How well do you know your galaxies?


Modern telescopes have presented astronomers with a problem: there are too many images of galaxies for scientists to classify every single one. But crowdsourcing has an answer. Since 2007, some astronomers have enlisted “citizen scientists” to do the heavy lifting through a project known as Galaxy Zoo. The original project was so successful, in fact, that a follow-up — called Galaxy Zoo 2 — started up in 2009 and ran for 14 months. The team behind it all (which comes from multiple universities around the world) has now publicly released the data from Zoo 2. In all, over 300,000 galaxies were organized by nearly 84,000 volunteers completed a total of over 16 million classifications.

How did it work? It’s pretty simple, really. Volunteers with no prior knowledge visited a website and were presented with an image of a galaxy. They then answered a series of questions about the visual form of the galaxy, like whether it had arms or a bulge. Images were analyzed by many volunteers — on average each was classified 44 times — allowing the team to ensure they were receiving acceptably accurate results.

Compiling data on galaxies using the same method employed by Yelp and Foursquare to figure out if restaurants take credit cards may seem amateur, but the researchers say that computers are not yet able to match the human eye in identifying the physical form of galaxies, and the data they’ve received has proven accurate. If you want to get involved, the team is now working through imagery provided by Hubble of some of the most distant galaxies yet.


The voyage continues…


Space­craft Voy­ager 1 has officially entered inter­stel­lar space, although exact­ly when it left the helios­phere is still up for debate.m“This is the first man­made object that has left our home—our bub­ble—ever,” says Merav Opher, as­so­ciate pro­fes­sor of astron­o­my at Boston Uni­ver­si­ty and a guest inves­ti­ga­tor on NASA’s Voy­ager team. “Voy­ager is like our scout, telling us what lies beyond our home.”

NASA’s recent announce­ment, based on a new study pub­lished in the jour­nal Sci­ence, fol­lows a debate among some astronomers as to when or even whether the tran­sit beyond the heliopause had occurred. The Sci­ence study places the tran­sit as com­plet­ed on August 25, 2012.

One AU is the dis­tance from the sun to the Earth, which is about 93 mil­lion miles or 150 mil­lion kilo­me­ters. Nep­tune, the most dis­tant plan­et from the sun, is about 30 AU. NASA’s Voy­ager 1, humankind’s most dis­tant space­craft, is around 125 AU. It will take about 300 years for Voy­ager 1 to reach the inner edge of the Oort Cloud and pos­si­bly about 30,000 years to fly beyond it.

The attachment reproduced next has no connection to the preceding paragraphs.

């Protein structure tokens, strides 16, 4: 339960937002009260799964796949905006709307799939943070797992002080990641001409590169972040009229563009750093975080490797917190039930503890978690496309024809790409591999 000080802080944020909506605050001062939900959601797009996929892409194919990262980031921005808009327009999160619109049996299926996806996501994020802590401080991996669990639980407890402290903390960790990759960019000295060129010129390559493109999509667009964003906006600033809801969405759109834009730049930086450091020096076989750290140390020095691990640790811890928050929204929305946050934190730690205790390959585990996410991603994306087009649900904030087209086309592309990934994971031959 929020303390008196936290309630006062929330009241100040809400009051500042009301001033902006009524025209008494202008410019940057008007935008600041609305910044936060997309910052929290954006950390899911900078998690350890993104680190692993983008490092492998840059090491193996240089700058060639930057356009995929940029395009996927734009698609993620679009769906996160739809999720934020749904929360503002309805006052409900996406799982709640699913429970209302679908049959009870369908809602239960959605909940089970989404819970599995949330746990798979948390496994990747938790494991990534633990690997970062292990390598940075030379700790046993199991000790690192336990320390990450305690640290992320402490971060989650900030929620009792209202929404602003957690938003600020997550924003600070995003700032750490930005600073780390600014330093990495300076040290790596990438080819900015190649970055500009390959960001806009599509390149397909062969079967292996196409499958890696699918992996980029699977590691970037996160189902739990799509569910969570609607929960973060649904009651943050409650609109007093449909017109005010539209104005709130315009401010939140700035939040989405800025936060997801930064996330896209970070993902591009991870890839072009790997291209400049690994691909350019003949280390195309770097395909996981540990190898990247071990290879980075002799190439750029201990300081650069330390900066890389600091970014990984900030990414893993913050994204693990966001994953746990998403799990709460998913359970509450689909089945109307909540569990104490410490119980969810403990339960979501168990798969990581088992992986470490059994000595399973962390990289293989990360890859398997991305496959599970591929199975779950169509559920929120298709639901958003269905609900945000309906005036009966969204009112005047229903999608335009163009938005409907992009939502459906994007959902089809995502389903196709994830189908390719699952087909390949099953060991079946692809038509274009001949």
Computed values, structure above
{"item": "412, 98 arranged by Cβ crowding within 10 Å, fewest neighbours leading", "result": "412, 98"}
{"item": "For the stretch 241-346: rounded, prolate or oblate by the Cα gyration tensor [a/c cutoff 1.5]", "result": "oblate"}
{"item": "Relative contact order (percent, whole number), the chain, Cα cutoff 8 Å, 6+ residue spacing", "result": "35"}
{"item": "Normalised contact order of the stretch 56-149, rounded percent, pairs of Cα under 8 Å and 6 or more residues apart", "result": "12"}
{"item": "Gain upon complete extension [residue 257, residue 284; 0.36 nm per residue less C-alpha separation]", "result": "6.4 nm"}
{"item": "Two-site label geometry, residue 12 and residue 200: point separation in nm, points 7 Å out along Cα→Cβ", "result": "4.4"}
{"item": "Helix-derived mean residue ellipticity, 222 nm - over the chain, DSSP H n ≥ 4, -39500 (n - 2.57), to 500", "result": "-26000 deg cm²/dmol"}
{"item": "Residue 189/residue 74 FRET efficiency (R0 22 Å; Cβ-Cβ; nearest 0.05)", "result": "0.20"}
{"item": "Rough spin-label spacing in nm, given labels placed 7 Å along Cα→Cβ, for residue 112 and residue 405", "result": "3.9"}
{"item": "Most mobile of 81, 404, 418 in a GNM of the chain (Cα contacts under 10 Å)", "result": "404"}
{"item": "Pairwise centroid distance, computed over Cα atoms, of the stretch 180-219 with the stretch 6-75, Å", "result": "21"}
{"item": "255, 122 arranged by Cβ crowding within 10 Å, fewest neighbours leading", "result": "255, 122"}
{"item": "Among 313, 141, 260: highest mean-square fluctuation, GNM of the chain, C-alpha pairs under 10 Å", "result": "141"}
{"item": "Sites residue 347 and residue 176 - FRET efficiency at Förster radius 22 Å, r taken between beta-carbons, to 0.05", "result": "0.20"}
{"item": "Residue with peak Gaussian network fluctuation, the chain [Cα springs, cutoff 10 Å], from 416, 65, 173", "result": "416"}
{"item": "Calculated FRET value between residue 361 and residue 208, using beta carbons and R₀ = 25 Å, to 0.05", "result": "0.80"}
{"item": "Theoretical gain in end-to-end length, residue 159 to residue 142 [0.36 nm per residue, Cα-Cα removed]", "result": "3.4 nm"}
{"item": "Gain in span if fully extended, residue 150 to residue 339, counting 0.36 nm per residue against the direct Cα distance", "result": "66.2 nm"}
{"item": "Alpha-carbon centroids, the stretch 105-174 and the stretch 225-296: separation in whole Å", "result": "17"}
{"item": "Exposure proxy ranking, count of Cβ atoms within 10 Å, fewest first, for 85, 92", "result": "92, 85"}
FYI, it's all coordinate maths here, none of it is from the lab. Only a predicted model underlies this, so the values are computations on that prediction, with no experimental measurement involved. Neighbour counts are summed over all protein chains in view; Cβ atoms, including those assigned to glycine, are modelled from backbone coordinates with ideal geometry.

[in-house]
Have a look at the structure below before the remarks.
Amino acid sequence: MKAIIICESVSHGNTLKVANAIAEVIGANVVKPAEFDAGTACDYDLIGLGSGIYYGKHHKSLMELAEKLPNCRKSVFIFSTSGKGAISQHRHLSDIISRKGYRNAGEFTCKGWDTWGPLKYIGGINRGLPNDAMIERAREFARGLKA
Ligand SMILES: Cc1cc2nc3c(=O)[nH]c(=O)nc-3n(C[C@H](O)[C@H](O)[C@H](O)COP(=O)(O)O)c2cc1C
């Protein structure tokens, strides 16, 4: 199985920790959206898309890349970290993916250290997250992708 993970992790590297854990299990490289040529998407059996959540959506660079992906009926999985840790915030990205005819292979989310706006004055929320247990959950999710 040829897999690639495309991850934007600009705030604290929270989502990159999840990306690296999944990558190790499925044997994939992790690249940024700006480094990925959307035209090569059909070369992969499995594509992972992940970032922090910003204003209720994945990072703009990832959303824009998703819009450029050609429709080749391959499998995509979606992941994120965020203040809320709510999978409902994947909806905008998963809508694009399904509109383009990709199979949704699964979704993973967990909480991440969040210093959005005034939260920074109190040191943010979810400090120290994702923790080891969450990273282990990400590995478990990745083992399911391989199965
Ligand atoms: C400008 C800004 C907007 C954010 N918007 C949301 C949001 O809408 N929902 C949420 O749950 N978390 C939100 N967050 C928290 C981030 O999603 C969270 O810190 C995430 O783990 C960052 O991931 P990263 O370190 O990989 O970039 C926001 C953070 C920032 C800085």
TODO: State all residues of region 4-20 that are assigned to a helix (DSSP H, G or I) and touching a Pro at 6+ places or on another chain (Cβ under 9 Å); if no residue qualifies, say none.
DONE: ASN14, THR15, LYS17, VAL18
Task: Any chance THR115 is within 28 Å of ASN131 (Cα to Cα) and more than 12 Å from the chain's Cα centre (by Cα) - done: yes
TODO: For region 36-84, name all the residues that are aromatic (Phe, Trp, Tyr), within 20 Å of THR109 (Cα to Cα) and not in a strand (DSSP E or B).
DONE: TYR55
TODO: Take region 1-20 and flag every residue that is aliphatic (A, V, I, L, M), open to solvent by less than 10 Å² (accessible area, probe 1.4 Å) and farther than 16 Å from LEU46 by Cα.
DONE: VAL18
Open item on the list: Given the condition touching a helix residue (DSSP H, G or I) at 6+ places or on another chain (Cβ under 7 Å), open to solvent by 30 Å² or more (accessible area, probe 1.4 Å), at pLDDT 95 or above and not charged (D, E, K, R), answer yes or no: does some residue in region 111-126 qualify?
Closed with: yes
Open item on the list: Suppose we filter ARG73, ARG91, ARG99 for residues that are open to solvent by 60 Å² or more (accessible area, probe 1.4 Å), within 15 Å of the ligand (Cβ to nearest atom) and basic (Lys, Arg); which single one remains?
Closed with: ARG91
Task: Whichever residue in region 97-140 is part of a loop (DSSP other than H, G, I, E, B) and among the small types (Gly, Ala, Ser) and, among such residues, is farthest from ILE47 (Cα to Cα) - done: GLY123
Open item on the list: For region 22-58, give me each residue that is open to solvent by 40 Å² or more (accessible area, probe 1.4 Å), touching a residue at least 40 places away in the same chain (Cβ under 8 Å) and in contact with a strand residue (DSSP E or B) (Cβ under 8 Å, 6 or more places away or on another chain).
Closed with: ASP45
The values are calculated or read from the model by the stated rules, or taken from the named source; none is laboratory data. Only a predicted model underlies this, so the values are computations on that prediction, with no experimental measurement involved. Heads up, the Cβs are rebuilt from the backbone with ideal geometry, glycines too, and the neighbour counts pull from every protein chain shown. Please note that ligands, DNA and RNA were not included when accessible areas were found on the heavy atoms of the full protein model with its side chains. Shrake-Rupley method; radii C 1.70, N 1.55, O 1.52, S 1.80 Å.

dif­fer­ent from the solar mag­net­ic field inside.

One of features of voyager is this golden disk, with a map of how to get to earth, pictures of mankind, and sounds of humanity. Sort of like throwing a note in a bottle out to sea- I wonder if anyone will ever read it, and if we’ll still be around.

Planet, or star?


It used to be simple. Star were the objects that shined. Planets go around stars. But the hunt for ever-colder star-like bodies two years ago led to a a new class of such objects. However, until now no one has known exactly how cool their surfaces really are – some evidence suggested they could be room temperature.

A new study shows that while these brown dwarfs, sometimes called failed stars, are indeed the coldest known free-floating celestial bodies, they are warmer than previously thought with temperatures about 250-350 degrees Fahrenheit. To reach such low surface temperatures after cooling for billions of years means that these objects can only have about 5 to 20 times the mass of Jupiter. Unlike the Sun, these objects’ only source of energy is from their gravitational contraction, which depends directly on their mass.

“If one of these objects was found orbiting a star, there is a good chance that it would be called a planet,” says Trent Dupuy, a Hubble Fellow at the Harvard-Smithsonian Center for Astrophysics. But because they probably formed on their own and not in a proto-planetary disk, astronomers still call these objects brown dwarfs even if they are “planetary mass.”

The new data also present new puzzles to astronomers that study cool, planet-like atmospheres.
Planets, stars, orin between? Additional objects discovered in the past two years remain to be studied and will hopefully shed light on some of these outstanding issues.